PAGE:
The SDS and the VMOF are supportive assessment resources
designed to inform this process.
It is important to engage in this discussion within the context
of an advising/counseling interaction.
Bullock, E. E., Braud, J., Andrews, L., Phillips, J. (2009). Career concerns of
unemployed U.S. war veterans: Suggestions from a Cognitive
Information Processing approach. Journal of Employment Counseling, 46,
Buzzetta, M. & Rowe, S. (November 1, 2012). Today’s veterans: Using
Cognitive Information Processing (CIP) to build upon their career
dreams. Career Convergence Magazine. Retrieved from:
Clemens, E. V., & Milsom, A. S. (2008). Enlisted service members’ transition
into the civilian world of work: A Cognitive Information Processing
approach. The Career Development Quarterly, 56, 246-256.
Buzzetta, M., Miles, R., Robertson, H., & Schomaker, S. (2013). Bibliography of
military career transition research, 2000 – present. Retrieved from
Duggan, M. H., & Jurgens, J. C. (2007). Veterans after they serve their
country. In Career interventions and techniques : A complete guide for
human service professionals (1st ed., pp. 389-413). Needham Heights,
MA: Allyn & Bacon.
Hayden, S.C.W., Ledwith, K., Dong, S. & Buzzetta, M. (2014). Assessing the
career-development needs of student veterans: A proposal for career
interventions. The Professional Counselor 4(2), 129 – 138.
Hayden, S., Green, L., & Dorsett, K. (2013). Perseverance and progress: Career
counseling for military personnel with traumatic brain injury. VISTAS.
Retrieved from http://counselingoutfitters.com/vistas/VISTAS_Home.htm
Messer, M. A., Greene, J. A., & Holland, J. L. (2013). The Self-Directed
Search (SDS) Veterans and Military Occupations Finder. Lutz, FL:
Psychological Assessment Resources.
Phillips, J., Braud, J., Andrews, L., & Bullock, E. (2007, November). Bridging the
gap from job to career in U.S. veterans. Career Convergence: Web
Magazine. Retrieved from: www.ncda.org
Sampson, J.P., Jr., Peterson, G.W., Lenz, J.G., Reardon, R.C., & Saunders, D.E.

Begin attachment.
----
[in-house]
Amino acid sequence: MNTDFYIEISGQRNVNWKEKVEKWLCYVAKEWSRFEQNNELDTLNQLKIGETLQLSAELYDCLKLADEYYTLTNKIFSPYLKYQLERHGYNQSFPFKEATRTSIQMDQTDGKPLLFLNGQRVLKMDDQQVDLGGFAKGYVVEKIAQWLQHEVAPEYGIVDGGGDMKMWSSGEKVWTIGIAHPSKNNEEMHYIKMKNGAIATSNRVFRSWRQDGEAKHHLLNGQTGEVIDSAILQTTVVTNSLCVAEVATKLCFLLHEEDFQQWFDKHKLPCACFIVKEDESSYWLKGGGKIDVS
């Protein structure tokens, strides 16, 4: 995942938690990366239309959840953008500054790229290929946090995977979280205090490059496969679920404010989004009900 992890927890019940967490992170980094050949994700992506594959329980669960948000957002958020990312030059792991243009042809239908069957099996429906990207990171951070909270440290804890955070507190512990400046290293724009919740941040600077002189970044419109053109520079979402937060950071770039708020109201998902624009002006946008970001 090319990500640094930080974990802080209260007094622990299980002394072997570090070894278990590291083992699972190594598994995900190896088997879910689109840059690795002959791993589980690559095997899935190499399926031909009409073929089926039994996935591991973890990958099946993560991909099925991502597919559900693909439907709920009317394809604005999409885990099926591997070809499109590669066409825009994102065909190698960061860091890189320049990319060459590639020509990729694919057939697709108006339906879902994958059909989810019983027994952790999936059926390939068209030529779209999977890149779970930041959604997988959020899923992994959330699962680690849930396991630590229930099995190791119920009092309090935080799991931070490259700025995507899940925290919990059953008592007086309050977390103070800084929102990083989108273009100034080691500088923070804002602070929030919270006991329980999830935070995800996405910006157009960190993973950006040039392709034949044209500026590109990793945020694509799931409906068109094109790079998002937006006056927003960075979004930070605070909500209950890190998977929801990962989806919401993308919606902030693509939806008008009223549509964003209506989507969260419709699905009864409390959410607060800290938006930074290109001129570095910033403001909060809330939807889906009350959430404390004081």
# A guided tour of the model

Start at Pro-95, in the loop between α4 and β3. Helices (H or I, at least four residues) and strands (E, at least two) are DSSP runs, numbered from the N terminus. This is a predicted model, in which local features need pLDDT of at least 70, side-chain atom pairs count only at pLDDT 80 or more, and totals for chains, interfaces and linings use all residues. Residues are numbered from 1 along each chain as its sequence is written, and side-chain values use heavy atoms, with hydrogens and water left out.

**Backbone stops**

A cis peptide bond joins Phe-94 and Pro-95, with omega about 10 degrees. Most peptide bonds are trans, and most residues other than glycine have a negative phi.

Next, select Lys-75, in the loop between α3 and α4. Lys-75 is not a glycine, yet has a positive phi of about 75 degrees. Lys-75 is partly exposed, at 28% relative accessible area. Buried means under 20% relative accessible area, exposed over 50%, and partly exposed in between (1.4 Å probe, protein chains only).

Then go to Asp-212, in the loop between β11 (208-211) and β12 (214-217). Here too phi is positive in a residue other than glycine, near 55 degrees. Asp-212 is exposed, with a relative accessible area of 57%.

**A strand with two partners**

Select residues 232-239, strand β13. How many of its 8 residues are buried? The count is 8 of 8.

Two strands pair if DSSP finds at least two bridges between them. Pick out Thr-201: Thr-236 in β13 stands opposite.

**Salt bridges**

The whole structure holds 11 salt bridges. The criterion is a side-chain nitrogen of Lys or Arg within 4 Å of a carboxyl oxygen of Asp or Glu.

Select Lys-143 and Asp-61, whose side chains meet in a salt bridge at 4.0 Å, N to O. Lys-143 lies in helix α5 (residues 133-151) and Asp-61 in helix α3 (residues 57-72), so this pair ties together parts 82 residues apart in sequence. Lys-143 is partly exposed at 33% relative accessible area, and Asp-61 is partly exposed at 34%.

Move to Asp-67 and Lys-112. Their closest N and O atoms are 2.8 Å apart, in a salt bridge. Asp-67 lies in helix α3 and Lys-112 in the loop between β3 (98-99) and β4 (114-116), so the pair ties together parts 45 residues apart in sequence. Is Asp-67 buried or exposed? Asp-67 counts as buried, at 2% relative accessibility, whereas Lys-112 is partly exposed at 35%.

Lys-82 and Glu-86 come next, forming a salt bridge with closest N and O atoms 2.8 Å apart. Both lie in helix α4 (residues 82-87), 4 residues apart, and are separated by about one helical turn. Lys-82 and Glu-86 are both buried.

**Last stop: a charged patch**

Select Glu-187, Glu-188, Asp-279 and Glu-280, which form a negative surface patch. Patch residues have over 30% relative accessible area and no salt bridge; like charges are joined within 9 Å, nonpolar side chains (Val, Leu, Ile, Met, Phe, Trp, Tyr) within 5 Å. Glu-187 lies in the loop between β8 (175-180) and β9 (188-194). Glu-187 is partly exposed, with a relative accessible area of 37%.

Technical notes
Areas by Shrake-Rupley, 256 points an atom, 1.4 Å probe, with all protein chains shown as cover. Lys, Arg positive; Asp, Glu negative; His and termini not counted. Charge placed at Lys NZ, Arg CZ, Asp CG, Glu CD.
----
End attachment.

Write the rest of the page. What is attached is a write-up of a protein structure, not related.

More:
(1996).Career thoughts inventory: Professional manual. Odessa, FL:
Psychological Assessment Resources.
Sampson, J.P., Jr., Reardon, R.C., Peterson, G.W., & Lenz, J.G. (2004). Career
counseling services: A cognitive information processing approach. Belmont, CA:
Simpson, A., & Armstrong, S. (2009). From the military to the civilian workforce:
Addressing veteran career development concerns. Career Planning & Adult
Development Journal, 25, 177-187.
Smith, N. (2008). Military to civilian: Assisting transitioning Army personnel in
navigating the civilian job market. Career Convergence: Web Magazine.
Retrieved from www.ncda.org
Stein-McCormick, C., Osborn, D.O., Hayden, S.C.W., & Hoose, D.V. (2013). Career
counseling with veterans (monograph). Broken Arrow, OK: National Career
Development Association.
Tanielian, T., & Jaycox, L. H. (2008). Invisible wounds of war: Psychological and
cognitive injuries, their consequences, and services to assist recovery.
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Wehman, P., Targett, P., West, M., & Kregel, J. (2005). Productive work and
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Resources (Websites)
Hiring our Heroes http://www.uschamber.com/hiringourheroes
Military Hire - http://www.militaryhire.com/
O*Net Military Crosswalk Search http://www.onetonline.org/crosswalk/MOC/
Psychological Assessment Resources Inc.:
State Initiative to Hire Veterans – FL:
http://www.tvc.state.tx.us/tvc/Employment.aspx, VA:
Florida State University Tech Center –
U.S. Department of Labor VETS – www.dol.gov/vets/
U.S. Department of Labor VETS Job Search Strategies –